Well, yes, he's turning the things he got from his teachers into aphorisms and rephrasing them to keep them fresh in his head without turning them into words to be repeated out of habit. It was his journal and not meant to be read by other people; he didn't need to explain things to himself at length, just to remind himself. If you want a lengthier explanation, Epictetus is one of his student's notes from his lectures, and is meant to be instructive, and Seneca is as verbose as anyone could ask for. None of them are up to modern standards, because even philosophy has made some progress over the past 2000 years, but there are books that are meant to do what you wanted Meditations to do. Meditations just one of them.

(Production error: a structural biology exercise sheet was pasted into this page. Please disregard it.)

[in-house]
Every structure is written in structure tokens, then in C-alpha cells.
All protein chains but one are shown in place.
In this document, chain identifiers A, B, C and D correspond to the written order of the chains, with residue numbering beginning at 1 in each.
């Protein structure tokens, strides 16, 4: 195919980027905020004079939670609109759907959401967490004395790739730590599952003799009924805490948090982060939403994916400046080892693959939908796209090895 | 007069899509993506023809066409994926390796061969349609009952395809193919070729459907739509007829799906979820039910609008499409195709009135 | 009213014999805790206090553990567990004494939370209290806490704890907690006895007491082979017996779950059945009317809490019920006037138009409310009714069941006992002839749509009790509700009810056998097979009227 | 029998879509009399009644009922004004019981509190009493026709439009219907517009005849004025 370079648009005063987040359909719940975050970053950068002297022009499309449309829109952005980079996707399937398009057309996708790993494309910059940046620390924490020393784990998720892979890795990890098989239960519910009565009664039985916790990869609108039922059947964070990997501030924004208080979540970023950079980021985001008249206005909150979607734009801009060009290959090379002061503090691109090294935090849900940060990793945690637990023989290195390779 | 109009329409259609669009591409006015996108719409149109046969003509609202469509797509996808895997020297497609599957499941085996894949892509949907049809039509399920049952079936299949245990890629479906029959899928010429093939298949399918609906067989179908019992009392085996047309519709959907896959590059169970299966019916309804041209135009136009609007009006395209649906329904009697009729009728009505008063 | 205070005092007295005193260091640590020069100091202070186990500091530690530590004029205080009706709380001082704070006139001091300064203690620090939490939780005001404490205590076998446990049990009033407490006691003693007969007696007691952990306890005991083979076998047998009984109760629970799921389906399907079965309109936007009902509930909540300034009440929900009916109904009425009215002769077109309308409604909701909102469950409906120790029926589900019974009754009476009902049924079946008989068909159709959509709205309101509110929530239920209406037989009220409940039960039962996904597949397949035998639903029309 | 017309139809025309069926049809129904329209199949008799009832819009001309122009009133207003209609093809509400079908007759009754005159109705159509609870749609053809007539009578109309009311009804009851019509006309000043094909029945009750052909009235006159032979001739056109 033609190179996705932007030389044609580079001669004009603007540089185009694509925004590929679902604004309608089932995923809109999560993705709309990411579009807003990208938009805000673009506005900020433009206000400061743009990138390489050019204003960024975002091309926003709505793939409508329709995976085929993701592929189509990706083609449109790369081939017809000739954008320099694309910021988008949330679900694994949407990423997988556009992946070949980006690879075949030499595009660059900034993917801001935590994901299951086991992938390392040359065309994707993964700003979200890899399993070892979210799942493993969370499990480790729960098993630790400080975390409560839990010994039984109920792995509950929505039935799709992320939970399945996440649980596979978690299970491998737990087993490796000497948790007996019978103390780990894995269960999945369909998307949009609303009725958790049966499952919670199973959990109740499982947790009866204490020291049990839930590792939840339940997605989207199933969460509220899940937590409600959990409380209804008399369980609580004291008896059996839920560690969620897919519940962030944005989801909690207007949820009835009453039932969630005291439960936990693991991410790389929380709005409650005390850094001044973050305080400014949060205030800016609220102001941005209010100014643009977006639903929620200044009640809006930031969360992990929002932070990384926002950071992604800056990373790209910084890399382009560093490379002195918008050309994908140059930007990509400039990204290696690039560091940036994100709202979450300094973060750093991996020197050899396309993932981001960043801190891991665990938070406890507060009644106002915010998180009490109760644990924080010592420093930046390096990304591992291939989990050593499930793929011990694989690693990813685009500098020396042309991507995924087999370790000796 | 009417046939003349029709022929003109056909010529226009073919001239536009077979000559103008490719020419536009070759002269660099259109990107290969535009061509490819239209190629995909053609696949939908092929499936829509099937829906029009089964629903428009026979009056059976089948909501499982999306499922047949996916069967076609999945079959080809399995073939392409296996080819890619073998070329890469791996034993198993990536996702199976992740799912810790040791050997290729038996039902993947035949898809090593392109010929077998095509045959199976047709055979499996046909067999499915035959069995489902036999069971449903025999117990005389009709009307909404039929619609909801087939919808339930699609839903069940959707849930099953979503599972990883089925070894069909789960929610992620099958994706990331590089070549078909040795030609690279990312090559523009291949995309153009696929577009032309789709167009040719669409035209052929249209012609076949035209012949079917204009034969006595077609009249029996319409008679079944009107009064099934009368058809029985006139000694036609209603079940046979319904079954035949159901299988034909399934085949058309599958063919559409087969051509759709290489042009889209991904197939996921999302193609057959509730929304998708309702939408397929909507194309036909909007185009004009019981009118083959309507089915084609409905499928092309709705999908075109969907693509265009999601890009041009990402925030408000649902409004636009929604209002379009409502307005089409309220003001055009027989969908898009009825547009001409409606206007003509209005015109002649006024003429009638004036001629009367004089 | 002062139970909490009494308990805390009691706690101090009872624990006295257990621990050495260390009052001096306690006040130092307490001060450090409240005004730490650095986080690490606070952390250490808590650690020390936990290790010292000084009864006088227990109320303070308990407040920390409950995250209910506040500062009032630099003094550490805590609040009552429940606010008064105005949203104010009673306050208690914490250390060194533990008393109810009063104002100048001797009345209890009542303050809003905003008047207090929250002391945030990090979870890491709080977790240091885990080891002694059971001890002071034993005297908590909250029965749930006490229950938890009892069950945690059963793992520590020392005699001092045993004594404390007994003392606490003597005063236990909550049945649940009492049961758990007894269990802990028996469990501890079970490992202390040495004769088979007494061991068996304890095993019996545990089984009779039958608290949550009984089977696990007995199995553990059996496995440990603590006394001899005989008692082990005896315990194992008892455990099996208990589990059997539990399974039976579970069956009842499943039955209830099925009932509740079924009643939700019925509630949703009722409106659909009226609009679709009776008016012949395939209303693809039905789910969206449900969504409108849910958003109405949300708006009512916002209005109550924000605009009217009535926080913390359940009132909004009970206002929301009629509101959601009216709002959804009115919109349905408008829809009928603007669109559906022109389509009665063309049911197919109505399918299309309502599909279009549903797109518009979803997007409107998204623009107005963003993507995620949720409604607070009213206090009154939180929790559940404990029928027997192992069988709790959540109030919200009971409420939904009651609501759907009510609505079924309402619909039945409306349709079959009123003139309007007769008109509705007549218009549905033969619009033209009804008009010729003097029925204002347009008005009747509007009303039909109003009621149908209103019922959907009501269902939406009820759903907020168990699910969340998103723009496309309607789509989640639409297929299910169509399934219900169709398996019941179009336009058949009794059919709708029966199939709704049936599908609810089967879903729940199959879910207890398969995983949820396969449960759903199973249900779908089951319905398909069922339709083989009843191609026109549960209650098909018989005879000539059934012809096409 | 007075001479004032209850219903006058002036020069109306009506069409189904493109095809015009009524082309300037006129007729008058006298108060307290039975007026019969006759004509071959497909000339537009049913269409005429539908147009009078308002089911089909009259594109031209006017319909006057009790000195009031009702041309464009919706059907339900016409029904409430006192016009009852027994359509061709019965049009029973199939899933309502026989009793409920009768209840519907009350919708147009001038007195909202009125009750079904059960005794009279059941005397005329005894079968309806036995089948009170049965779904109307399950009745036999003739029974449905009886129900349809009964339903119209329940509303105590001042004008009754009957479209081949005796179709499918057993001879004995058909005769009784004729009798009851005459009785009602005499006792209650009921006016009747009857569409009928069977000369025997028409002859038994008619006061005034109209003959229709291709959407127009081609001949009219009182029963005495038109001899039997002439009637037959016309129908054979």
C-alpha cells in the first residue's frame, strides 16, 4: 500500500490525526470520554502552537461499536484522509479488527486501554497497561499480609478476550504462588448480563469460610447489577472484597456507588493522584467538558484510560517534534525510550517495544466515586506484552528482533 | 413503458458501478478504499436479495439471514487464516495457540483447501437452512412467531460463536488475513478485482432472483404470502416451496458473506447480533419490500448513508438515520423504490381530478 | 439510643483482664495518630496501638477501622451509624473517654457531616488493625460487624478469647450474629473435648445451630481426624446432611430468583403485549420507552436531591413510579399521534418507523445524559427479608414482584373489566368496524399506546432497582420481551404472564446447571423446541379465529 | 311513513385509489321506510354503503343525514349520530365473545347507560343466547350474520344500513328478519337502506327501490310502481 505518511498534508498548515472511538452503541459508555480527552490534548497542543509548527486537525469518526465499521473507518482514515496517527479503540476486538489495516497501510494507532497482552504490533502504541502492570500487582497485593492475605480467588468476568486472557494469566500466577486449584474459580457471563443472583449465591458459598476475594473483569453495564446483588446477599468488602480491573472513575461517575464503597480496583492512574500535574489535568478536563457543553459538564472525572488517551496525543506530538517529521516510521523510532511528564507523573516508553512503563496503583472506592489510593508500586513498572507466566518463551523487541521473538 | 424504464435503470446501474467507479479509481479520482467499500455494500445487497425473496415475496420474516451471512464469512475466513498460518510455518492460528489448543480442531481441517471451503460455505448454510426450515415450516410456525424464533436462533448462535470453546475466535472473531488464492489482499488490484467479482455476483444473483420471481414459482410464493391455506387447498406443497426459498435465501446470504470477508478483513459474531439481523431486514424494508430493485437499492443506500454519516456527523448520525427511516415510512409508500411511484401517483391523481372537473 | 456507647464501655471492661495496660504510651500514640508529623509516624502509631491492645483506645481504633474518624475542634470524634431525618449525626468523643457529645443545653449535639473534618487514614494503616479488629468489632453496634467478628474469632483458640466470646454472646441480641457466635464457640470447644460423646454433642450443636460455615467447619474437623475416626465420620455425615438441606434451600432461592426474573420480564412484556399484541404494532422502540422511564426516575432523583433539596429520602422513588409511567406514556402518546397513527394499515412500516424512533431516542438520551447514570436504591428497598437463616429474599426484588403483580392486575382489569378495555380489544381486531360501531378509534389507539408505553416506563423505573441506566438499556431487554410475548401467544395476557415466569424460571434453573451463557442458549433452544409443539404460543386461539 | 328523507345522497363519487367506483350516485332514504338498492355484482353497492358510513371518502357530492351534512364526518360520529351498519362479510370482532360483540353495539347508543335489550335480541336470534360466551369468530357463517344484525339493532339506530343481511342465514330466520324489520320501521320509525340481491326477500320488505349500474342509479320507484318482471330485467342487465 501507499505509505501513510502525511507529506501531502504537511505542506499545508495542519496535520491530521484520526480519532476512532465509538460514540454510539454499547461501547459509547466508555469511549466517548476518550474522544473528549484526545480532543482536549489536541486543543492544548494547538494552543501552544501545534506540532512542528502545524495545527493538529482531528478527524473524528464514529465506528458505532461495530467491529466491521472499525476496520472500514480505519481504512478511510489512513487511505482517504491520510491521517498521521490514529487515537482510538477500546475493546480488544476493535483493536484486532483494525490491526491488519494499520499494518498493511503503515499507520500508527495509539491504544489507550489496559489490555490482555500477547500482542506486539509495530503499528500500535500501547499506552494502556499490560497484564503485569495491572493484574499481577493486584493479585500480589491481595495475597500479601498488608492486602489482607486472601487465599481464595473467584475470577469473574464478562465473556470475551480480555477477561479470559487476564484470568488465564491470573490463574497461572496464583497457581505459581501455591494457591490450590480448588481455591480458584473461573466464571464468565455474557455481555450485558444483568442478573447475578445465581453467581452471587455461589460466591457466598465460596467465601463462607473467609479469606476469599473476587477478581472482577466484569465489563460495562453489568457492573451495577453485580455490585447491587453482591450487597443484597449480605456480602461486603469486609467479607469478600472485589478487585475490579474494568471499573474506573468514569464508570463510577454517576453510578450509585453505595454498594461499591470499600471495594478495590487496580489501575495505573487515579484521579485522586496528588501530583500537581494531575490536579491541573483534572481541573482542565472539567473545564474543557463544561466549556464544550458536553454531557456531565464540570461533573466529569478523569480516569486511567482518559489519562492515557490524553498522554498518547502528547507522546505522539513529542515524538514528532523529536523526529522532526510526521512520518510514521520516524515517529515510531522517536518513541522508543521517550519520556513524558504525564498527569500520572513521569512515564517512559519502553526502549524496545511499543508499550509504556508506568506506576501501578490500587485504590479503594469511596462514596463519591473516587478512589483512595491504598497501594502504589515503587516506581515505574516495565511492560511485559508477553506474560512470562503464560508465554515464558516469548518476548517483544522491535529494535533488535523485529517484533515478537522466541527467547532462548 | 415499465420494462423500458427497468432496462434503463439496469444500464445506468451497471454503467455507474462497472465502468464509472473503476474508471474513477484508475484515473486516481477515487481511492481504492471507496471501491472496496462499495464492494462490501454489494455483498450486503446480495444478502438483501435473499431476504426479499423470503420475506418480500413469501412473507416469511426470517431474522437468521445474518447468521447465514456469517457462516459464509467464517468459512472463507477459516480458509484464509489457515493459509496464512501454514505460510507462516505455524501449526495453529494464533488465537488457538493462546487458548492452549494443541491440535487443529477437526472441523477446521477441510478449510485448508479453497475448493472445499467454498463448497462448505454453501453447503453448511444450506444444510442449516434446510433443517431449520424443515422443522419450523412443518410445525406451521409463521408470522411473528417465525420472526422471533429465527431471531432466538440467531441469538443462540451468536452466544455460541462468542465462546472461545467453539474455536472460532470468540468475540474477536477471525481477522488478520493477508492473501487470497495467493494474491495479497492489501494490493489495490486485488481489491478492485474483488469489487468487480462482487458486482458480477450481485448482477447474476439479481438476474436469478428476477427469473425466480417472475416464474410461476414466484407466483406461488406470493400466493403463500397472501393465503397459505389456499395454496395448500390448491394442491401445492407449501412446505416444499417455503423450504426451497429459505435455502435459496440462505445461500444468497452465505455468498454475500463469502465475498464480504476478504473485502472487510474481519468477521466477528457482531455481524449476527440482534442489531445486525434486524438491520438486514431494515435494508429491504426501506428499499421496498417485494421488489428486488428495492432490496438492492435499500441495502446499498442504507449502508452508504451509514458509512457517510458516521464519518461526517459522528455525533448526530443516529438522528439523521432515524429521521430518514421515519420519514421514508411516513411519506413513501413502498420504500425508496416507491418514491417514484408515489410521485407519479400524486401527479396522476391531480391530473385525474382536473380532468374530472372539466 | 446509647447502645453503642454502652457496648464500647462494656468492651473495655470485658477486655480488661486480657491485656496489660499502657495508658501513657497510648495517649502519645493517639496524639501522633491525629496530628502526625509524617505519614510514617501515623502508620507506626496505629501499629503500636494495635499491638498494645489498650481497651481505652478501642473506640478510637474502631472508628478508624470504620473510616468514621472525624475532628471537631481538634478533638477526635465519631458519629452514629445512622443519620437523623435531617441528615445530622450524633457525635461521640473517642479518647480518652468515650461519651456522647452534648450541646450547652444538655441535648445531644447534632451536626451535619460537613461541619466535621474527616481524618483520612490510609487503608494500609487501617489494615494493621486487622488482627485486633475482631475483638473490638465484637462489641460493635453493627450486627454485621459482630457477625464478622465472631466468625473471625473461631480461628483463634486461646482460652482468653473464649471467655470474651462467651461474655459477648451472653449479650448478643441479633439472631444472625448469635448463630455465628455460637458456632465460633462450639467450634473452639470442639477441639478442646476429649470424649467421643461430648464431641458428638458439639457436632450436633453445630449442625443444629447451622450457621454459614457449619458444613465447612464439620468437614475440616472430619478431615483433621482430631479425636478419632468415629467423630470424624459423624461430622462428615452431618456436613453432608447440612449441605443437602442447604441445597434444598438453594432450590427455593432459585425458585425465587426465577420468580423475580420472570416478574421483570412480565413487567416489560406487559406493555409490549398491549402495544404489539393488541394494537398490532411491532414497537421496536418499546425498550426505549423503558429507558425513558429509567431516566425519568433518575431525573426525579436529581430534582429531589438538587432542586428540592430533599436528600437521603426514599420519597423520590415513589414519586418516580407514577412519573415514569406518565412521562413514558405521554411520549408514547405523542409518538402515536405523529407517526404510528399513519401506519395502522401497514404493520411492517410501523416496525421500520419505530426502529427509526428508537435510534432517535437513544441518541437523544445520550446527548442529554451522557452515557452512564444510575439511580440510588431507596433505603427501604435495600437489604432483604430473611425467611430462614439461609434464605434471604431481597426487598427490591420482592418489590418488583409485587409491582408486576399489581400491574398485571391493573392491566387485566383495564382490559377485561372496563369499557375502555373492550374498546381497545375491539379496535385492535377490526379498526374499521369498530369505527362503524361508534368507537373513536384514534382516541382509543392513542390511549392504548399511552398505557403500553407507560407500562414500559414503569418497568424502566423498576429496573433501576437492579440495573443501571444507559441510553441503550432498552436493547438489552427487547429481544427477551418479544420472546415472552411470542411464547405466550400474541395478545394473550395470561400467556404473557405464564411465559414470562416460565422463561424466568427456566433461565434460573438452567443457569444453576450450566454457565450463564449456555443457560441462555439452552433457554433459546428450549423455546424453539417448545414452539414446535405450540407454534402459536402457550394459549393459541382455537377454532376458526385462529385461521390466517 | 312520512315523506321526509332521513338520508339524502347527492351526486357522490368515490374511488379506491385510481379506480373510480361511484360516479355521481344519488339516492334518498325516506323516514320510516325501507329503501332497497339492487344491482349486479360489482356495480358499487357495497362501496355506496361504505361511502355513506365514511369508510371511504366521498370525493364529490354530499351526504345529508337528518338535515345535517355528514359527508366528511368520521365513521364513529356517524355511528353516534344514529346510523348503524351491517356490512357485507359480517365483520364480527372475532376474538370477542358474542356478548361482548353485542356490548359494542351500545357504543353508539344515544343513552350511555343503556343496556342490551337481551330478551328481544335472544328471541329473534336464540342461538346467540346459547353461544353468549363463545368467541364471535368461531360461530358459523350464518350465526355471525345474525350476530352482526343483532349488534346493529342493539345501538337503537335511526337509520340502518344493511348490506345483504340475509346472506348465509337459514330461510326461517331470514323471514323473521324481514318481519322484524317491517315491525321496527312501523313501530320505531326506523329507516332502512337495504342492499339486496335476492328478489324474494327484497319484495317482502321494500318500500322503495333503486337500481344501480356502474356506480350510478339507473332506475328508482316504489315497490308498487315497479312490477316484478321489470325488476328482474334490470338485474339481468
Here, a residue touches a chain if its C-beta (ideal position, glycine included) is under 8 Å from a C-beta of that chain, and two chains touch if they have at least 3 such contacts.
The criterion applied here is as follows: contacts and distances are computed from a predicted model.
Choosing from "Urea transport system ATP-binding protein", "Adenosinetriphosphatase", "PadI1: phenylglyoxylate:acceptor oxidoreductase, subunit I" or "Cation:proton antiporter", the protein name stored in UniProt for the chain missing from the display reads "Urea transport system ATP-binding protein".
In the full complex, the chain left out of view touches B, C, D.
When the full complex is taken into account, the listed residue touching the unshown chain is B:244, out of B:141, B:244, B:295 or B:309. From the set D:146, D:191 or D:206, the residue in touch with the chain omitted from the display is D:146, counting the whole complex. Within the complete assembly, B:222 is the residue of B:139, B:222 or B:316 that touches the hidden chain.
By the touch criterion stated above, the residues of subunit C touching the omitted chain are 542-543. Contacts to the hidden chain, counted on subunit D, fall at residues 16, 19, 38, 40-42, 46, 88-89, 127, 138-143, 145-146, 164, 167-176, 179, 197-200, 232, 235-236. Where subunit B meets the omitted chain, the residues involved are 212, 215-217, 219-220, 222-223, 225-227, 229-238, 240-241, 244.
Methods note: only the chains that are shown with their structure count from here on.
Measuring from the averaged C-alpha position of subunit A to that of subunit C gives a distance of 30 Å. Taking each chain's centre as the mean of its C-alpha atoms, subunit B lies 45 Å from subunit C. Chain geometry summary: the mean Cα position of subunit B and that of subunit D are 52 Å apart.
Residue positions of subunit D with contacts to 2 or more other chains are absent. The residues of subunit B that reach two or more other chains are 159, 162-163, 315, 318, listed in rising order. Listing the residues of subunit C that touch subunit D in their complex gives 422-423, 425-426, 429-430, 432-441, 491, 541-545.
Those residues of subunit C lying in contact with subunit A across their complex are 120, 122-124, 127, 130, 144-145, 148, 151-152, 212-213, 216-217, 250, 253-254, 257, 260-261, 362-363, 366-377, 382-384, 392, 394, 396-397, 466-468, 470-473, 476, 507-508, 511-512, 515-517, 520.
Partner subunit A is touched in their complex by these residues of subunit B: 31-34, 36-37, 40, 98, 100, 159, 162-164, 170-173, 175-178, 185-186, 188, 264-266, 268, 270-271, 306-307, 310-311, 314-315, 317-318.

But do read Pierre Hadot's The Inner Citadel for why Meditations isn't as shallow as it looks.